If you’ve read Franz Kafka’s The Metamorphosis in English, it’s likely that your translation referred to the transformed Gregor Samsa as a “cockroach,” “beetle,” or, more generally, a “gigantic insect.” These renderings of the author’s original German don’t necessarily miss the mark—Gregor scuttles, waves multiple legs about, and has some kind of an exoskeleton. His charwoman calls him a “dung beetle”… the evidence abounds. But the German words used in the first sentence of the story to describe Gregor’s new incarnation are much more mysterious, and perhaps strangely laden with metaphysical significance.
Translator Susan Bernofsky writes, “both the adjective ungeheuer (meaning “monstrous” or “huge”) and the noun Ungeziefer are negations—virtual nonentities—prefixed by un.” Ungeziefer, a term from Middle High German, describes something like “an unclean animal unfit for sacrifice,” belonging to “the class of nasty creepy-crawly things.” It suggests many types of vermin—insects, yes, but also rodents. “Kafka,” writes Bernofsky, “wanted us to see Gregor’s new body and condition with the same hazy focus with which Gregor himself discovers them.”
It’s likely for that very reason that Kafka prohibited images of Gregor. In a 1915 letter to his publisher, he stipulated, “the insect is not to be drawn. It is not even to be seen from a distance.” The slim book’s original cover, above, instead features a perfectly normal-looking man, distraught as though he might be imagining a terrible transformation, but not actually physically experiencing one.
Yet it seems obvious that Kafka meant Gregor to have become some kind of insect. Kafka’s letter uses the German Insekt, and when casually referring to the story-in-progress, Kafka used the word Wanze, or “bug.” Making this too clear in the prose dilutes the grotesque body horror Gregor suffers, and the story is told from his point of view—one that “mutates as the story proceeds.” So writes Dutch reader Freddie Oomkins, who further observes, “at the physical level Gregor, at different points in the story, starts to talk with a squeaking, animal-like voice, loses control of his legs, hangs from the ceiling, starts to lose his eyesight, and wants to bite his sister—not really helpful in determining his taxonomy.”
Difficulties of translation and classification aside, Russian literary mastermind and lepidopterist Vladimir Nabokov decided that he knew exactly what Gregor Samsa had turned into. And, against the author’s wishes, Nabokov even drew a picture in his teaching copy of the novella. Nabokov also heavily edited his edition, as you can see in the many corrections and revisions above. In a lecture on The Metamorphosis, he concludes that Gregor is “merely a big beetle” (notice he strikes the word “gigantic” from the text above and writes at the top “just over 3 feet long”), and furthermore one who is capable of flight, which would explain how he ends up on the ceiling.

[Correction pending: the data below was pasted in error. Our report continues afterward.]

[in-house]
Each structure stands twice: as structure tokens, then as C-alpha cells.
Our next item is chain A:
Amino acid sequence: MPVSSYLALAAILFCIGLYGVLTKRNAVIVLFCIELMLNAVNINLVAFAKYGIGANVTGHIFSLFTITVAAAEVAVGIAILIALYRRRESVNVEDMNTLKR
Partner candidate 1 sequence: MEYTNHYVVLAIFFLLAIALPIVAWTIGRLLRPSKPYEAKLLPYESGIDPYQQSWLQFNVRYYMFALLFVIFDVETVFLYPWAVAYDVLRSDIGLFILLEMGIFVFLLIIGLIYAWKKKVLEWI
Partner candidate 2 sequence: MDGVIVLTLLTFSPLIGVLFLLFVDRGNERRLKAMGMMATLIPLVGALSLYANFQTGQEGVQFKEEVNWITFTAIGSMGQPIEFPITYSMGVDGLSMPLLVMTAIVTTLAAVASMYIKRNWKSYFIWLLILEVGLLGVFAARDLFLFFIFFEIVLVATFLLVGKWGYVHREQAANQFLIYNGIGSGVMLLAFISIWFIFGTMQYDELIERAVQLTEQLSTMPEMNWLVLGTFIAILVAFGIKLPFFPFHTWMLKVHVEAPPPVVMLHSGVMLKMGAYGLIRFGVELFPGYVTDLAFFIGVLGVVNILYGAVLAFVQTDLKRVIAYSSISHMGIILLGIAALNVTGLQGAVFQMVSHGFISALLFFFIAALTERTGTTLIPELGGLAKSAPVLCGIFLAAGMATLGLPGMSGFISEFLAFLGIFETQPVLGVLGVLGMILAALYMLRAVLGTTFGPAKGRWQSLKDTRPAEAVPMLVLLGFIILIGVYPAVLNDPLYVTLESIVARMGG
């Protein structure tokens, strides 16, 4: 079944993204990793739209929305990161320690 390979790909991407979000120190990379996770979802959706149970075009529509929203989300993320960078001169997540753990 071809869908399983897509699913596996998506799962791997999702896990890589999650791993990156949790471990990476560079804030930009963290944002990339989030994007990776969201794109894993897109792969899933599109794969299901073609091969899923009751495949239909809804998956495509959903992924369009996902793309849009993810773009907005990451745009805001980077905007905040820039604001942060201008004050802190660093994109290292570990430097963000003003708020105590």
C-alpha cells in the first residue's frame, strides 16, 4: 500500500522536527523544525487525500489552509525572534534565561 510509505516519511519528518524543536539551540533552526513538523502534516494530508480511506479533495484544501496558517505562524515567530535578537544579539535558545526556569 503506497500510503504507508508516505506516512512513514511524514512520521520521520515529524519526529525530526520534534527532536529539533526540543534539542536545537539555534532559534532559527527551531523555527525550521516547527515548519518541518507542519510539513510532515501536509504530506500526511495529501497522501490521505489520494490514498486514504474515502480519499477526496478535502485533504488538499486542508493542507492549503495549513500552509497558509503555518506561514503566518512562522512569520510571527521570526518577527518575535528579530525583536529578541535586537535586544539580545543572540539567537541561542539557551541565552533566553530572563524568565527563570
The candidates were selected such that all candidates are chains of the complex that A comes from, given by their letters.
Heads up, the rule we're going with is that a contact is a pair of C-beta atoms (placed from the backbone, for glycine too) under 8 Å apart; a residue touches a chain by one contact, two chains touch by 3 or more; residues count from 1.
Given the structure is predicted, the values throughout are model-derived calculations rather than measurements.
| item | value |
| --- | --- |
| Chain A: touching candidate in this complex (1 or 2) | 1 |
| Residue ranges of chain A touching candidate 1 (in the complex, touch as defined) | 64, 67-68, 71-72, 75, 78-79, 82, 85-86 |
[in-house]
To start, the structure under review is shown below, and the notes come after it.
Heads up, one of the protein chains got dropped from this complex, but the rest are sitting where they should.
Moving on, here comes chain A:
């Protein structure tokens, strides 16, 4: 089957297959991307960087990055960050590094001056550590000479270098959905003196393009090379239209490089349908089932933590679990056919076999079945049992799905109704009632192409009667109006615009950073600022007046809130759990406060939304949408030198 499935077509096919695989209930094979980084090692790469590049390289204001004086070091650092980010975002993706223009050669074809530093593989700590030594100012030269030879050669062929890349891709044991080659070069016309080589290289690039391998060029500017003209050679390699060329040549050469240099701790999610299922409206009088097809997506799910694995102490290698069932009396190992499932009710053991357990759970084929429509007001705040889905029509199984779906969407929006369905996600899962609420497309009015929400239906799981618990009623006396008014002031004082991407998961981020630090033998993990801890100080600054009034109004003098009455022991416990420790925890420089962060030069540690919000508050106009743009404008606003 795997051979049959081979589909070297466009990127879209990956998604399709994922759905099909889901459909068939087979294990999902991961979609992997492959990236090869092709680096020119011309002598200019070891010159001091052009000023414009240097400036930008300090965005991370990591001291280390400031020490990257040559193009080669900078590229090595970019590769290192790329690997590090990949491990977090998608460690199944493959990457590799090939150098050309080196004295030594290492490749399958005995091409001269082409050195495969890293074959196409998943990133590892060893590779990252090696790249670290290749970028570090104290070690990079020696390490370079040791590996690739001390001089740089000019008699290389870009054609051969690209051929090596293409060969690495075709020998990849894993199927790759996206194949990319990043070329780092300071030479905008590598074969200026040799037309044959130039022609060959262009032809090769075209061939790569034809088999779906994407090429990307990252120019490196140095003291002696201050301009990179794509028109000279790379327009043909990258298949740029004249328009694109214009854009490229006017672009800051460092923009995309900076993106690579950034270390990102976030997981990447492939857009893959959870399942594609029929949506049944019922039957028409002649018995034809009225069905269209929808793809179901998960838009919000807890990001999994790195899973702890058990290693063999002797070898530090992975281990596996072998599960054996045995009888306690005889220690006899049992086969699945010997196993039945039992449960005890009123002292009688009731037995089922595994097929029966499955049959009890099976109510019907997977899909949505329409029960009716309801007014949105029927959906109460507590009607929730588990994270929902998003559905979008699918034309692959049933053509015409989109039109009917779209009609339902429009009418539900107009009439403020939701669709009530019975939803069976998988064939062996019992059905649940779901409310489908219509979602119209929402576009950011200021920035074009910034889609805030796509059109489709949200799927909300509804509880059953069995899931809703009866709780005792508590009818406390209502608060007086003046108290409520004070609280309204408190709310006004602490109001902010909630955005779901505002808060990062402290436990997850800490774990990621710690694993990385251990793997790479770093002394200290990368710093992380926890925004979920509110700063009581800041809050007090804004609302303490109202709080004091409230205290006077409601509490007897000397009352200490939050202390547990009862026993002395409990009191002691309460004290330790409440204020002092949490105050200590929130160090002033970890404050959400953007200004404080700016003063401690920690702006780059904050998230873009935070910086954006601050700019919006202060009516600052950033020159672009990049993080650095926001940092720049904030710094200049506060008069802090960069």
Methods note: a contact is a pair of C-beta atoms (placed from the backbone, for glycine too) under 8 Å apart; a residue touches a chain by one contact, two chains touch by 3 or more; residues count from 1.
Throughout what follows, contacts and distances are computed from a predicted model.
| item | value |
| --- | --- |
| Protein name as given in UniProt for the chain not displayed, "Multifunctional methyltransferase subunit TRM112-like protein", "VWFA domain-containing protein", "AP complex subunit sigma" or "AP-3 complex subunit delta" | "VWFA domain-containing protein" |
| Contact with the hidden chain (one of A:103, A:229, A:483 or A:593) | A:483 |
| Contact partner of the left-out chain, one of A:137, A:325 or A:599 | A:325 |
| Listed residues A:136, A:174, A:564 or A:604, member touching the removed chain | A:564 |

All of this may seem highly disrespectful of The Metamorphosis’ author. Certainly Nabokov has never been a respecter of literary persons, referring to Faulkner’s work, for example, as “corncobby chronicles,” and Joyce’s Finnegans Wake as a “petrified superpun.” Yet in his lecture Nabokov calls Kafka “the greatest German writer of our time. Such poets as Rilke or such novelists as Thomas Mann are dwarfs or plastic saints in comparison with him.” Though a saint he may be, Kafka is “first of all an artist,” and Nabokov does not believe that “any religious implications can be read into Kafka’s genius.” (“I am interested here in bugs, not humbugs,” he says dismissively.)
Rejecting Kafka’s tendencies toward mysticism runs against most interpretations of his fiction. One might suspect Nabokov of seeing too much of himself in the author when he compares Kafka to Flaubert and asserts, “Kafka liked to draw his terms from the language of law and science, giving them a kind of ironic precision, with no intrusion of the author’s private sentiments.” Ungeheueres Ungeziefer, however, is not a scientific term, and its Middle German literary origins—which Kafka would have been familiar with from his studies—clearly connote religious ideas of impurity and sacrifice.
With due respect to Nabokov’s formidable erudition, it seems in this instance at least that Kafka fully intended imprecision, what Bernofsky calls “blurred perceptions of bewilderment,” in language “carefully chosen to avoid specificity.” Kafka’s art consists of this ability to exploit the ancient stratifications of language. His almost Kabbalistic treatment of signs and his aversion to graven images may consternate and bedevil translators and certain novelists, but it is also the great source of his uncanny genius.